Syphilis may sound like ye olde disease from the history books, but diagnoses are very much on the rise. There were 7,541 known cases in England alone last year, more than twice the amount recorded a decade ago, according to Public Health England.
While it’s not as common as some sexually transmitted infections, if left untreated, syphilis symptoms can include some pretty serious health issues. In many cases, it can prove fatal.
The bacterial infection is passed from person to person through contact with a syphilis sore, explains Stuart Gale, chief pharmacist and owner of Oxford Online Pharmacy. It can’t be transmitted by using the same toilet, clothing, cutlery or bathroom as an infected person.
“The sore can usually be found in the area of the penis, vagina or anus but it can also be found around the mouth,” Gale continues. “Contact may occur during vaginal, anal or oral sex. Toys can also spread the infection. Anyone who’s sexually active is potentially at risk. Syphilis can also be passed on by drug users sharing infected needles.”
Syphilis symptoms have four stages that progress in severity, so the earlier you catch it, the better your prospects. Here, MH reveals the syphilis symptoms in men to look out for, so you can react fast at the very first signs.
Syphilis Symptoms: The Four Stages
The symptoms of syphilis are often mild and difficult to recognise, which means you may pass on the infection without knowing you have it, explains Dr Junaid Patel, GP and medical team member at online sexual health screening service The STI Clinic.
“The symptoms may come and go and tend to change over time,” she continues. “Even if the symptoms do improve, there is still a risk you could pass the infection on or develop serious problems if you do not get treatment.”
There four stages of syphilis are: primary, secondary, latent, and tertiary. Each has different signs, symptoms and treatment requirements. Syphilis is the most infectious in the first two stages and most deadly in the latter.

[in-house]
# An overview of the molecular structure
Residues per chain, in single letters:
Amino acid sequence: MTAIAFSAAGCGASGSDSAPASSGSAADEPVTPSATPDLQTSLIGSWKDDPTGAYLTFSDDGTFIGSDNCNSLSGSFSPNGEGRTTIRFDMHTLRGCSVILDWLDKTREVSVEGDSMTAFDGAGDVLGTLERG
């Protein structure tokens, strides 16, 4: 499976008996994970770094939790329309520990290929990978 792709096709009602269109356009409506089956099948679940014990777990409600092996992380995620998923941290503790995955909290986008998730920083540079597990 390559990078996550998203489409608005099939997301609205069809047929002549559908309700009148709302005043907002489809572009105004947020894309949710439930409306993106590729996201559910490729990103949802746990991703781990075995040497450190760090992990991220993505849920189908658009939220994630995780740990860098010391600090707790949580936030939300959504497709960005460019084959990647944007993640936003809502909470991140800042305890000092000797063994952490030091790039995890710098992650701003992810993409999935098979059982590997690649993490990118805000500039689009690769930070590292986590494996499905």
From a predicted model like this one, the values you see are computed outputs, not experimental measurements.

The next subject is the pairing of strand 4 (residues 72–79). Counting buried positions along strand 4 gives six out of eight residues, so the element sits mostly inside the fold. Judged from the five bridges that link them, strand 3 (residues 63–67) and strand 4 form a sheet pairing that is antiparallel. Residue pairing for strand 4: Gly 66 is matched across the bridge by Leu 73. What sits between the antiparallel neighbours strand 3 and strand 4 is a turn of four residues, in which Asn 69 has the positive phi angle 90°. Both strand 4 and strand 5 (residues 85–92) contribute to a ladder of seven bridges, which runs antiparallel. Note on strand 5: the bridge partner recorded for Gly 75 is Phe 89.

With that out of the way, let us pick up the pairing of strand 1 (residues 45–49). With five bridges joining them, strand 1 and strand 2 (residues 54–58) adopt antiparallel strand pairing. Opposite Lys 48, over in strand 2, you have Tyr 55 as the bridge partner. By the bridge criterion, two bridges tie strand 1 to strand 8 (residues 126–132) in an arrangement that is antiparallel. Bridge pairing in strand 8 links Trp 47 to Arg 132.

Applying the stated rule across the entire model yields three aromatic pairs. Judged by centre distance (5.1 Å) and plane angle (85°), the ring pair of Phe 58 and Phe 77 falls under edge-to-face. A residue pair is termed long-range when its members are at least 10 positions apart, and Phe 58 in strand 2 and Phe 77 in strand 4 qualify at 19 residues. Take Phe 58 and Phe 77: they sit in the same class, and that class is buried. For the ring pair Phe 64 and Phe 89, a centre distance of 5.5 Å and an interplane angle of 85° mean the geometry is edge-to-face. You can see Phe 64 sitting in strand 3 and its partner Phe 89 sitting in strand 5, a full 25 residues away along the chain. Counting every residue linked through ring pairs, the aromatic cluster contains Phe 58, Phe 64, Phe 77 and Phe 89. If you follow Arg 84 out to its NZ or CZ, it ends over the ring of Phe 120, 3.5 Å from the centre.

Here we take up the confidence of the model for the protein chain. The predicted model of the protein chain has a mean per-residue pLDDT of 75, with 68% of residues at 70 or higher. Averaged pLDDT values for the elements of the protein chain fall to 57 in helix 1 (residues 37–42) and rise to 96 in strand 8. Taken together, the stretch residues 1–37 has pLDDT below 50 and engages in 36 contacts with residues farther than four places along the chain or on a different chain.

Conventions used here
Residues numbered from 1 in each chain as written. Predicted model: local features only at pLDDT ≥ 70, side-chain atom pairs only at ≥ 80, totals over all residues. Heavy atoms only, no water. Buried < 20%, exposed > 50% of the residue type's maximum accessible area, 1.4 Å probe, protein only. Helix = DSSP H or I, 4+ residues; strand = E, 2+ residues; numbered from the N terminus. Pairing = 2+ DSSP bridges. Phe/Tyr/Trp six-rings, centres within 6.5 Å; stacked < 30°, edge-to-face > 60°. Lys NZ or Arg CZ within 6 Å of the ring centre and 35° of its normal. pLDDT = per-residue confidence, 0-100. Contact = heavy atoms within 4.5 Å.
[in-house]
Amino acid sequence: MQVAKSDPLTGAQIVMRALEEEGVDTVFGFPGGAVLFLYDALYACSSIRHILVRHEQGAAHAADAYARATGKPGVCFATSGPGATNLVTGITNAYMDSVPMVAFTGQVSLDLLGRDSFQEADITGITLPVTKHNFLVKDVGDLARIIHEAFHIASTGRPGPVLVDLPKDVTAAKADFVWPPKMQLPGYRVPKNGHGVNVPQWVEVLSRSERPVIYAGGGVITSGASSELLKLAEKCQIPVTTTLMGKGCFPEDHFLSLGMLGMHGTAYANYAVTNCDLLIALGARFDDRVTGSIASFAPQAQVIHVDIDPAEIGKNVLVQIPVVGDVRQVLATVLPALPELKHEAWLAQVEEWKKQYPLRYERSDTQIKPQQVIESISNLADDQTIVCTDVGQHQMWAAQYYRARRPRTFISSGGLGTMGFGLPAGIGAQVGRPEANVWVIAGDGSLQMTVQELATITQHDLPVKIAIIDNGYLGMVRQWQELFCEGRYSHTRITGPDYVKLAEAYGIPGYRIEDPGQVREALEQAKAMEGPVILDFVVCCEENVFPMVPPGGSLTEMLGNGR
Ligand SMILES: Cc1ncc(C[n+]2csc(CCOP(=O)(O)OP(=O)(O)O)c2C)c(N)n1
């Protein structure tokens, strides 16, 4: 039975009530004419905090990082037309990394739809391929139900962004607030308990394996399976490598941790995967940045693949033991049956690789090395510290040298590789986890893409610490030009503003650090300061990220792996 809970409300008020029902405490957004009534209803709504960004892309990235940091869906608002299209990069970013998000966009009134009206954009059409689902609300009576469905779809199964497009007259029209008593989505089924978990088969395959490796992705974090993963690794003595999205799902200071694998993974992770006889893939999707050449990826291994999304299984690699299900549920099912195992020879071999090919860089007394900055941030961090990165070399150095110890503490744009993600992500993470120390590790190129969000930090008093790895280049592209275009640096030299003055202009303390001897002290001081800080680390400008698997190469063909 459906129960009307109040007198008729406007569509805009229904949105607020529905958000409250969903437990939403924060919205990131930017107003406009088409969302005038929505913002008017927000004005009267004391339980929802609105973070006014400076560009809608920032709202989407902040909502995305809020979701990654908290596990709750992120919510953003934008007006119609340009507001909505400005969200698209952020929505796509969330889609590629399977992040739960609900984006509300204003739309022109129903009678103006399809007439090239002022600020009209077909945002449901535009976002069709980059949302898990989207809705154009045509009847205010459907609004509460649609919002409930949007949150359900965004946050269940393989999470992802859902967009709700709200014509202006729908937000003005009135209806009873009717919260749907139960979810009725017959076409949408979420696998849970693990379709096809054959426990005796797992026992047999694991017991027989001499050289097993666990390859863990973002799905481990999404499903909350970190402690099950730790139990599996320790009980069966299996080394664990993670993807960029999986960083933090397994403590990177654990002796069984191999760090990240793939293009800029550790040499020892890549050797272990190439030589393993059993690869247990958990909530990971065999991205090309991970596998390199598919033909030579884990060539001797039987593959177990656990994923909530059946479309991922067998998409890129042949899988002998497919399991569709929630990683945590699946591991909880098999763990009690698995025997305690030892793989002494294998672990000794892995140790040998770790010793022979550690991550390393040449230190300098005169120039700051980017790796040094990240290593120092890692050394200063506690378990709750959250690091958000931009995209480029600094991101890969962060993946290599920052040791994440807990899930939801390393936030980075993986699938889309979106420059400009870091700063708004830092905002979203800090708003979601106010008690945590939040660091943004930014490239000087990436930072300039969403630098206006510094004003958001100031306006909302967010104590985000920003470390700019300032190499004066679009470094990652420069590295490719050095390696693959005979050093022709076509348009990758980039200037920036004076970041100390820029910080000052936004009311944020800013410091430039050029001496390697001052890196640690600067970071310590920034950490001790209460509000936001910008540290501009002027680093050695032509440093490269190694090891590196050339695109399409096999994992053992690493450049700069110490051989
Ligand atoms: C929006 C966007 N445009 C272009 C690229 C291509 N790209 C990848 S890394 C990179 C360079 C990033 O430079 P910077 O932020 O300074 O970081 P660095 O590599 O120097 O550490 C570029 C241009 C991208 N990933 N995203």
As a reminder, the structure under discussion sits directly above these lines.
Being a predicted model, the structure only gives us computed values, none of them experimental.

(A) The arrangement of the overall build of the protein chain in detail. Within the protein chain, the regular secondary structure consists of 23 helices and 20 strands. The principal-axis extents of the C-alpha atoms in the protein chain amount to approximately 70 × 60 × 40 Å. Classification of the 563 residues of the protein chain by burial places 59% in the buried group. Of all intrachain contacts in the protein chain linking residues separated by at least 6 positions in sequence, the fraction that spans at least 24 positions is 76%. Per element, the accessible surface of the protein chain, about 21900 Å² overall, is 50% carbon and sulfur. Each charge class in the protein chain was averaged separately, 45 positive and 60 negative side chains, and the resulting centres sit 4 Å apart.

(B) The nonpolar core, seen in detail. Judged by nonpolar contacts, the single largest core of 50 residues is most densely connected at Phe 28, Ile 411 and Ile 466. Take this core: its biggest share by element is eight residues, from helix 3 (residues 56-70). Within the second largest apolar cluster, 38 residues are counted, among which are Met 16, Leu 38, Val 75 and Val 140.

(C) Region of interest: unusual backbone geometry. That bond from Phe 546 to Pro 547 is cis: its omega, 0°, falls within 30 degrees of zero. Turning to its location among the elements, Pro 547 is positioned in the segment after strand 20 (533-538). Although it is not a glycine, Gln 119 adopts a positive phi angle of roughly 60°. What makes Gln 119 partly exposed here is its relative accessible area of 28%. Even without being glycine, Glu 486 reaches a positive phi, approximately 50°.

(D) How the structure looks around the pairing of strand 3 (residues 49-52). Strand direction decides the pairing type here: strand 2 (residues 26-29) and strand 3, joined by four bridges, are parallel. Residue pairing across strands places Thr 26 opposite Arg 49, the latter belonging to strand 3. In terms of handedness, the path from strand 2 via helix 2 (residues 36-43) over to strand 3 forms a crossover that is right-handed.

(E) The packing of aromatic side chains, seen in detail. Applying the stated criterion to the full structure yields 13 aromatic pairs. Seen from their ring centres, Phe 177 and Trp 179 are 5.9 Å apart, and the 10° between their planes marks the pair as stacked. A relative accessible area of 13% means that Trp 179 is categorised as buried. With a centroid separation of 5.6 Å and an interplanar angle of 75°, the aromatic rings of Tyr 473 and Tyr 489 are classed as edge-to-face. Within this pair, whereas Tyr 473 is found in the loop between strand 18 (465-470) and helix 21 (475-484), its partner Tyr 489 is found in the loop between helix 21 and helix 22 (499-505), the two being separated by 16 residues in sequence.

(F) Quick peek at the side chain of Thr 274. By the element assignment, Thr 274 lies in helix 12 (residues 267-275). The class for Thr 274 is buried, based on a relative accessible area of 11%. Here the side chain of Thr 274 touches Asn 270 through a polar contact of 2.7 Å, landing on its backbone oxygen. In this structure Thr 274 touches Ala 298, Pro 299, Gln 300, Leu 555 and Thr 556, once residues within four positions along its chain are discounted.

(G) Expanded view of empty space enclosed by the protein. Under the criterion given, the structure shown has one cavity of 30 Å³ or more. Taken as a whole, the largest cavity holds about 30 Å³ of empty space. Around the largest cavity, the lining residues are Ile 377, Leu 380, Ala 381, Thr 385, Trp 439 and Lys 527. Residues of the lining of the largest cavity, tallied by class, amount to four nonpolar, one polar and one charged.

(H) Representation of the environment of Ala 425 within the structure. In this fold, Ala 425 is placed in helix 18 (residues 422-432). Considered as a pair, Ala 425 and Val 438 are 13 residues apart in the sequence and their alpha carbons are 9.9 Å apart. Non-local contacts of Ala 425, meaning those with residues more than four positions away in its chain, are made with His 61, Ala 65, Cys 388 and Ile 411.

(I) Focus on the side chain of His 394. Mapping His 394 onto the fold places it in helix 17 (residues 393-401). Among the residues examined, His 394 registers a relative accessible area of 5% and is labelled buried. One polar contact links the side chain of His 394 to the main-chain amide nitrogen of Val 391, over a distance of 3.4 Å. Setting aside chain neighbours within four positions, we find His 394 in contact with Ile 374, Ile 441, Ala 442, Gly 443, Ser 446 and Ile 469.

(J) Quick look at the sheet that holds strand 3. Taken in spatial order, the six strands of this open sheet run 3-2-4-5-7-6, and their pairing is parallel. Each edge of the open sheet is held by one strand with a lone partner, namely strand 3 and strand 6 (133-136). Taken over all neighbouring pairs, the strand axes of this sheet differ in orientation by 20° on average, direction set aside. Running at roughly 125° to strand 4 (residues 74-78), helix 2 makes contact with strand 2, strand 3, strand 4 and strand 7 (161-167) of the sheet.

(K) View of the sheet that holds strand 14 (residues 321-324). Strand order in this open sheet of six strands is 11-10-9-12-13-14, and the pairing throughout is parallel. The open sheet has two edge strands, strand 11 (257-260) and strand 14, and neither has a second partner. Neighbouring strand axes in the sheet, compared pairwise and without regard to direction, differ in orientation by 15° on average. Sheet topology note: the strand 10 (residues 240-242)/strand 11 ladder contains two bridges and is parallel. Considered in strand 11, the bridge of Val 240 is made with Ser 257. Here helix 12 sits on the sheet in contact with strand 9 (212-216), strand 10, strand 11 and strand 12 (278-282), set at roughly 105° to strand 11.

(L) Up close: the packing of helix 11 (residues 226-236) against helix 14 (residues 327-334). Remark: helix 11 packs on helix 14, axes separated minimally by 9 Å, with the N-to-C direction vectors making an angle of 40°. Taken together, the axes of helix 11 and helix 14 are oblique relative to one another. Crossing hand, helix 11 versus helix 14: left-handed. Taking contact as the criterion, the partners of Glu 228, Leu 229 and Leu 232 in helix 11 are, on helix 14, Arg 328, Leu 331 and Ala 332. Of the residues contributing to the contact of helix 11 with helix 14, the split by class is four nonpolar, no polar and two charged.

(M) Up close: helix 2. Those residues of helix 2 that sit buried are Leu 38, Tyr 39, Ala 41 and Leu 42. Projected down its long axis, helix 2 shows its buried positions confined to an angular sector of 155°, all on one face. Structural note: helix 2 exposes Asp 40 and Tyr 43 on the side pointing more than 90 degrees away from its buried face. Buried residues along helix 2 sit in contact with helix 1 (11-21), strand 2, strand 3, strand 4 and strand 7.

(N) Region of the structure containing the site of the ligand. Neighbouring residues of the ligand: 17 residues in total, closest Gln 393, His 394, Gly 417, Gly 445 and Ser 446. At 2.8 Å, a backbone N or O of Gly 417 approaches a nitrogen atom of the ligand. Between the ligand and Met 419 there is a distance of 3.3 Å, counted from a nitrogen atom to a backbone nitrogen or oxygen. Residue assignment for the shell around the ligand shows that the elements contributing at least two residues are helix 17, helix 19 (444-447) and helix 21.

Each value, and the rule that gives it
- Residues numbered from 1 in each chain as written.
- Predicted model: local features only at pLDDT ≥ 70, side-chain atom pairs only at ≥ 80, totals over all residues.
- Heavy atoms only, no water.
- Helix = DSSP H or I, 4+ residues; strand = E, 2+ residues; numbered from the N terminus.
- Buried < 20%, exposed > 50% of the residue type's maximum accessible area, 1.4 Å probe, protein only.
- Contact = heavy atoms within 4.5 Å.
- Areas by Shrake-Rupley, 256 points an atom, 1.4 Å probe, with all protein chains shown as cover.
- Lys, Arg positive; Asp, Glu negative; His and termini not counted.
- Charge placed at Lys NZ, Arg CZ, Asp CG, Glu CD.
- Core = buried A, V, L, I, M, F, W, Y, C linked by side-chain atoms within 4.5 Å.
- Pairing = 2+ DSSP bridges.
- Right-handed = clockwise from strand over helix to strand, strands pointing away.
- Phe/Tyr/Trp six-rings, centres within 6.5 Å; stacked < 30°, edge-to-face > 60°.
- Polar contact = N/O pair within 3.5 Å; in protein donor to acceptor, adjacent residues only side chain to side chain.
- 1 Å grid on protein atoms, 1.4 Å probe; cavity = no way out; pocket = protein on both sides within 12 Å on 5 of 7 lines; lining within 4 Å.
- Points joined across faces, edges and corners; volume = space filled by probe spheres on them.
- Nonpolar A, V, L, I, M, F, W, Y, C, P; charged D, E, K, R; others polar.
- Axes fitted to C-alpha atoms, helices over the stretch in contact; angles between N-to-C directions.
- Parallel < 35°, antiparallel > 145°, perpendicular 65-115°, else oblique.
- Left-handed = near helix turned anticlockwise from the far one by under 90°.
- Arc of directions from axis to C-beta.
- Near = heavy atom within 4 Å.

Stage 1: Primary Syphilis
The first stage generally occurs between three and four weeks after contracting the bacteria – though it may present as soon as 10 days or as long as three months – as a small, round, sore or ulcer known as a chancre (pronounced shang-kur, FYI), which is painless but seriously infectious. It usually shows up wherever the bacteria entered; on or inside the mouth, genitals, or rectum. The sore usually lasts between three and six weeks and, crucially, heals whether you’re treated or not – the infection won’t magically go away. The glands in your neck, groin or armpits may also swell at this stage.
Stage 2: Secondary Syphilis
Without treatment the infection will move to the secondary stage, and syphilis symptoms will start to become more visible, usually lasting several weeks but potentially coming and going for years. A non-itchy, painless rash may develop – most likely on your palms and the soles of your feet, but potentially anywhere on your body – along with a fever, swollen lymph glands, sore throat, headaches, hair loss, weight loss, muscle aches and fatigue. You may also notice growths similar to genital warts in appearance. Again, these symptoms will eventually go away whether you have treatment or not.
Stage 3: Latent Syphilis
This occurs after syphilis symptoms from the secondary stage have cleared – latent means ‘hidden’. Latent syphilis can last for many years, and can be divided into two subcategories. Early latent syphilis lasts around one year, during which you are still infectious, and late latent syphilis, which occurs approximately two years after secondary syphilis has cleared. At this point, you are no longer able to pass syphilis onto others. That’s good news, then? Not exactly...